Tuesday, November 28, 2023

Clifton Adams, Death’s Sweet Song

Clifton Adams (1919-71) had a very successful and prolific career as a writer of westerns but he also wrote a handful of noir novels, including Death’s Sweet Song in 1955.

Joe Hooper runs a fleabag motel in Creston, Oklahoma and he’s a loser who clings to the idea that one day he’ll be a winner. He knows that you don’t need talent or hard work to succeed. You just have to wait for that once-in-a-lifetime opportunity to come along and have the guts to grab it. When that happens for Joe he’s going to have real money and he’s going to get the hell out of Creston, Oklahoma.

That opportunity seems to have arrived when the Sheldons rent Cabin Number 2. Joe knows there’s something odd about them because Karl Sheldon is driving a new Buick. No-one who can afford a new car would stay in a dump like Joe’s motel. Sheldon also has an obviously phoney story about car trouble.

What really catches Joe’s attention is Sheldon’s wife Paula. She’s a gorgeous blonde. Joe wants a woman like that almost as much as he wants money. Maybe more.

Joe’s lucky break comes when he overhears a conversation in the Sheldons’ cabin. They are planning a payroll robbery. They’re going to rob the Provo Box company, Creston’s biggest employer. The payroll has to amount to at least thirty grand.

Joe doesn’t have any real criminal intentions until he has sex with Paula Sheldon. Then a plan starts to take shape in his mind. He’s going to force Karl Sheldon to cut him in on the robbery. After that Joe figures that somehow or other he and Paula will find a way to leave Karl out in the cold and they’ll go off together. Paula has already told him that she doesn’t love her husband. Joe will have everything he has ever wanted.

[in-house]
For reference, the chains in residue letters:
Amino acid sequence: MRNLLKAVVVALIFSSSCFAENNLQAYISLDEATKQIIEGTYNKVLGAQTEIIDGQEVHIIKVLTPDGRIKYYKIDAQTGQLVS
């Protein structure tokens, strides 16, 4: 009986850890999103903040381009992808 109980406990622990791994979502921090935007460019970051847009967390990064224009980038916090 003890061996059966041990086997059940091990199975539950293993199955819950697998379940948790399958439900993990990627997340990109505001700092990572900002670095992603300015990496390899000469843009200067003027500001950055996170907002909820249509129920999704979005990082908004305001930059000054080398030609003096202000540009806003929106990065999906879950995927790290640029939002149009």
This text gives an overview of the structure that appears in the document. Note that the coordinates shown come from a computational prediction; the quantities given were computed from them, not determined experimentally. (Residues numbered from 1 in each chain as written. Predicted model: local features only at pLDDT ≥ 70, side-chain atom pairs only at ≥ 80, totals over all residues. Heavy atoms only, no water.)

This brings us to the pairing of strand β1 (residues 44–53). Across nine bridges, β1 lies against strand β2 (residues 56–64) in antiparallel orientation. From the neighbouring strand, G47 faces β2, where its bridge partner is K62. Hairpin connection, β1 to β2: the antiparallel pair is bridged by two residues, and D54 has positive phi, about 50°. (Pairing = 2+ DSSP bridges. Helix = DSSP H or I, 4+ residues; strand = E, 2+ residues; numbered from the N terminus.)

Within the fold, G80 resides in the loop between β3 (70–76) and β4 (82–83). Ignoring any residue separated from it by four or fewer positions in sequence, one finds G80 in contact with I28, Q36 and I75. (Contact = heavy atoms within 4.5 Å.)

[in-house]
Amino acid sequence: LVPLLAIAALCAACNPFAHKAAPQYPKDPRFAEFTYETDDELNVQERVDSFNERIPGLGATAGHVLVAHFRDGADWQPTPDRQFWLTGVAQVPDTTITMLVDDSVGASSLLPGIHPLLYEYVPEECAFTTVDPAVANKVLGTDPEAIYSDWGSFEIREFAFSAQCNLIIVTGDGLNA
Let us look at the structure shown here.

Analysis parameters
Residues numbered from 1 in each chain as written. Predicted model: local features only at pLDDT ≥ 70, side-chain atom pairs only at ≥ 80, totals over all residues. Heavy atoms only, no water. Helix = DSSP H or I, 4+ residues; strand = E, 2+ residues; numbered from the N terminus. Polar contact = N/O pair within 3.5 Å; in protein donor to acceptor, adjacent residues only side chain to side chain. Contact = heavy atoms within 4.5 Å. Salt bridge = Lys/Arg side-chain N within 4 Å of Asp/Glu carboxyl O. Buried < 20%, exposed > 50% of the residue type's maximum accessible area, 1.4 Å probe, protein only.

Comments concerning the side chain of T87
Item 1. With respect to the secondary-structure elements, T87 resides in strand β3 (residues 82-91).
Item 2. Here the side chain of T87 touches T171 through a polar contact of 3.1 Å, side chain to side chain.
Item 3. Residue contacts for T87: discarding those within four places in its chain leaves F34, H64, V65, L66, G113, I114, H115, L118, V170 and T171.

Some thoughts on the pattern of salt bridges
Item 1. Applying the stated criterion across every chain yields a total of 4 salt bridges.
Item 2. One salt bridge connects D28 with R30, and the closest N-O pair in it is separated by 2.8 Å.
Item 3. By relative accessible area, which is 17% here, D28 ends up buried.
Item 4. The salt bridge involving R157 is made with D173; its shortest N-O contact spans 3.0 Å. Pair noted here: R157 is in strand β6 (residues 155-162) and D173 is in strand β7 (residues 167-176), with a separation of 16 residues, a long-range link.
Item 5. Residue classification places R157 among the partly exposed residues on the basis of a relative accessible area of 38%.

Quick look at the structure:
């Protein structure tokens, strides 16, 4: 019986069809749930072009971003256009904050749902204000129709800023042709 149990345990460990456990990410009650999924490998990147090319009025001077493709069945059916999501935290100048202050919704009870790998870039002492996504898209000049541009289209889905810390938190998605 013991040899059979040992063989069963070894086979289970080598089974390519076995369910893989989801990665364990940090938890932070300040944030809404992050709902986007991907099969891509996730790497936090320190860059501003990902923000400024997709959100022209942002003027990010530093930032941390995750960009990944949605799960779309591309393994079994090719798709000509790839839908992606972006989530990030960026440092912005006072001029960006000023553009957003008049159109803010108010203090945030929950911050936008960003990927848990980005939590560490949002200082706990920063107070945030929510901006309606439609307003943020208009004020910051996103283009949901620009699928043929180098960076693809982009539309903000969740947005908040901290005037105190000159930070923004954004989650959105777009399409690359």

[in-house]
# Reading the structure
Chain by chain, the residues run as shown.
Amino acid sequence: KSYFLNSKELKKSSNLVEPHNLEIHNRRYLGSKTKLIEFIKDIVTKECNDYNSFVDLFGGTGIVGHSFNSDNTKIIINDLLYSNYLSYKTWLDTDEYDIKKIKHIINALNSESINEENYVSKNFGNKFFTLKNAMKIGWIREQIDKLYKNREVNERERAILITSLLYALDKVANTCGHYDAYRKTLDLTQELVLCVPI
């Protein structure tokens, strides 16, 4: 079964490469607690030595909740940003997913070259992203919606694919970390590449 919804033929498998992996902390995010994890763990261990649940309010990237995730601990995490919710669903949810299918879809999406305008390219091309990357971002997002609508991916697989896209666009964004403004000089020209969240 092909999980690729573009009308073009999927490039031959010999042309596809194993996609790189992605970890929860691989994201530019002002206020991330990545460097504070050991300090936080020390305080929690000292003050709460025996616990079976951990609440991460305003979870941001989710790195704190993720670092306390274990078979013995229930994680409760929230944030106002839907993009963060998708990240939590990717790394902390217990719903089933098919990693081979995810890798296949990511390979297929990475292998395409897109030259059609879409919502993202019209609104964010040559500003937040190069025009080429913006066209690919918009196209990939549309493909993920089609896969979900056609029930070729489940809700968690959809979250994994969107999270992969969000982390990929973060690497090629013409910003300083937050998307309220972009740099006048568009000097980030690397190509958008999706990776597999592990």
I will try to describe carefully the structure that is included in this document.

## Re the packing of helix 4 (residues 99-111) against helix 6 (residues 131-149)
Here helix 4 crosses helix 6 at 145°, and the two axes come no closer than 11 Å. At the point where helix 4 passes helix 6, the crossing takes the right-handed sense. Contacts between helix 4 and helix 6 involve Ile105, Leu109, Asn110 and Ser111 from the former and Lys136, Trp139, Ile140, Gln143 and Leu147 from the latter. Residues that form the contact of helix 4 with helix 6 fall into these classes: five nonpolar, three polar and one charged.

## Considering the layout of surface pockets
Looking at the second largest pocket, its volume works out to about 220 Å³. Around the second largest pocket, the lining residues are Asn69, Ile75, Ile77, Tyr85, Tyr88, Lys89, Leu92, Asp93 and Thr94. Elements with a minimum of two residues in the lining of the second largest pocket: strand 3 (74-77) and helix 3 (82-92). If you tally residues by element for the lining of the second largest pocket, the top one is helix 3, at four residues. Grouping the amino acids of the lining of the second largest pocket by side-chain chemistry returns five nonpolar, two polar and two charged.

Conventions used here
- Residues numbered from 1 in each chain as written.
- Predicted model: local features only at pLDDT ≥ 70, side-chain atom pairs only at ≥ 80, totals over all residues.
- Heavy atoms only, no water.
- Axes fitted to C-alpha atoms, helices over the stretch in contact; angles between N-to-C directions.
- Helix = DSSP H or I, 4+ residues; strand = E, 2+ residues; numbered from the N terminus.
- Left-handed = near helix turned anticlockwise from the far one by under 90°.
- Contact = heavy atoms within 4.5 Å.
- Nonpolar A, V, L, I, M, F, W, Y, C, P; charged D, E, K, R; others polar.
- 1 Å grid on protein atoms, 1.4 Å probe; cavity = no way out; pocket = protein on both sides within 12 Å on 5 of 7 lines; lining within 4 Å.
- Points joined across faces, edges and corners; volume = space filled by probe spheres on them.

Joe is cunning but his grasp on reality is a bit tenuous. He should have realised right at the start that this blonde was going to be trouble. There were plenty of warning signs. It was obvious that there were things she wasn’t telling him about herself and about Karl. But Joe is so obsessed by Paula that he misses every single one of those warning signs.

The robbery is an attractive proposition. It will be a pushover. Of course in the world of noir fiction robberies that seem too easy never quite turn out that way. This time there’s a slight hitch, which means there’s a body to dispose of. Another hitch happens later.

Joe still thinks that everything will be OK and soon he’ll have Paula Sheldon.

Joe Hooper is the kind of guy who relies a lot on wishful thinking and he doesn’t think things through. And with Paula’s willing body to think about it he really isn’t thinking about anything else. He’s one of those guys who isn’t really evil but he’s weak and he’s greedy and he’s a sucker for glamorous blondes.

Paula is a classic femme fatale and poor Joe just can’t see that she’s a woman who uses sex ruthlessly to get what she wants. There’s also a slightly more complicated side to her. She isn’t completely rotten and corrupt. Things might have been easier had that been that case. She has more complex motivations which Joe just can’t fathom.

This is rural noir, with typical noir passions running amok in a small town. Small towns in which everybody knows everybody else can turn into nightmare noir worlds just as easily as the mean streets of the meanest big city. The desperation of dead-end life in a dead-end town is palpable.

The violence is very low-key. There’s lots of sexual tension and there’s lots of paranoid atmosphere and desperation.

It’s a classic noir plot but it’s nicely constructed and the very effective very noir ending hinges on something that Joe could never have anticipated.

The relationship between Joe and Paula is full of deceptions and contradictions. Joe can’t figure out if he loves her or hates her. Joe is a mess. His feelings about almost everything are confused. All three main characters are a bit more than just noir fiction stereotypes. They’re complicated people who don’t always fully understand why they do the things they do.

This is a fine noir novel and it’s highly recommended.

The Stark House Noir paperback edition also includes Adams’ first noir novel, Whom Gods Destroy.

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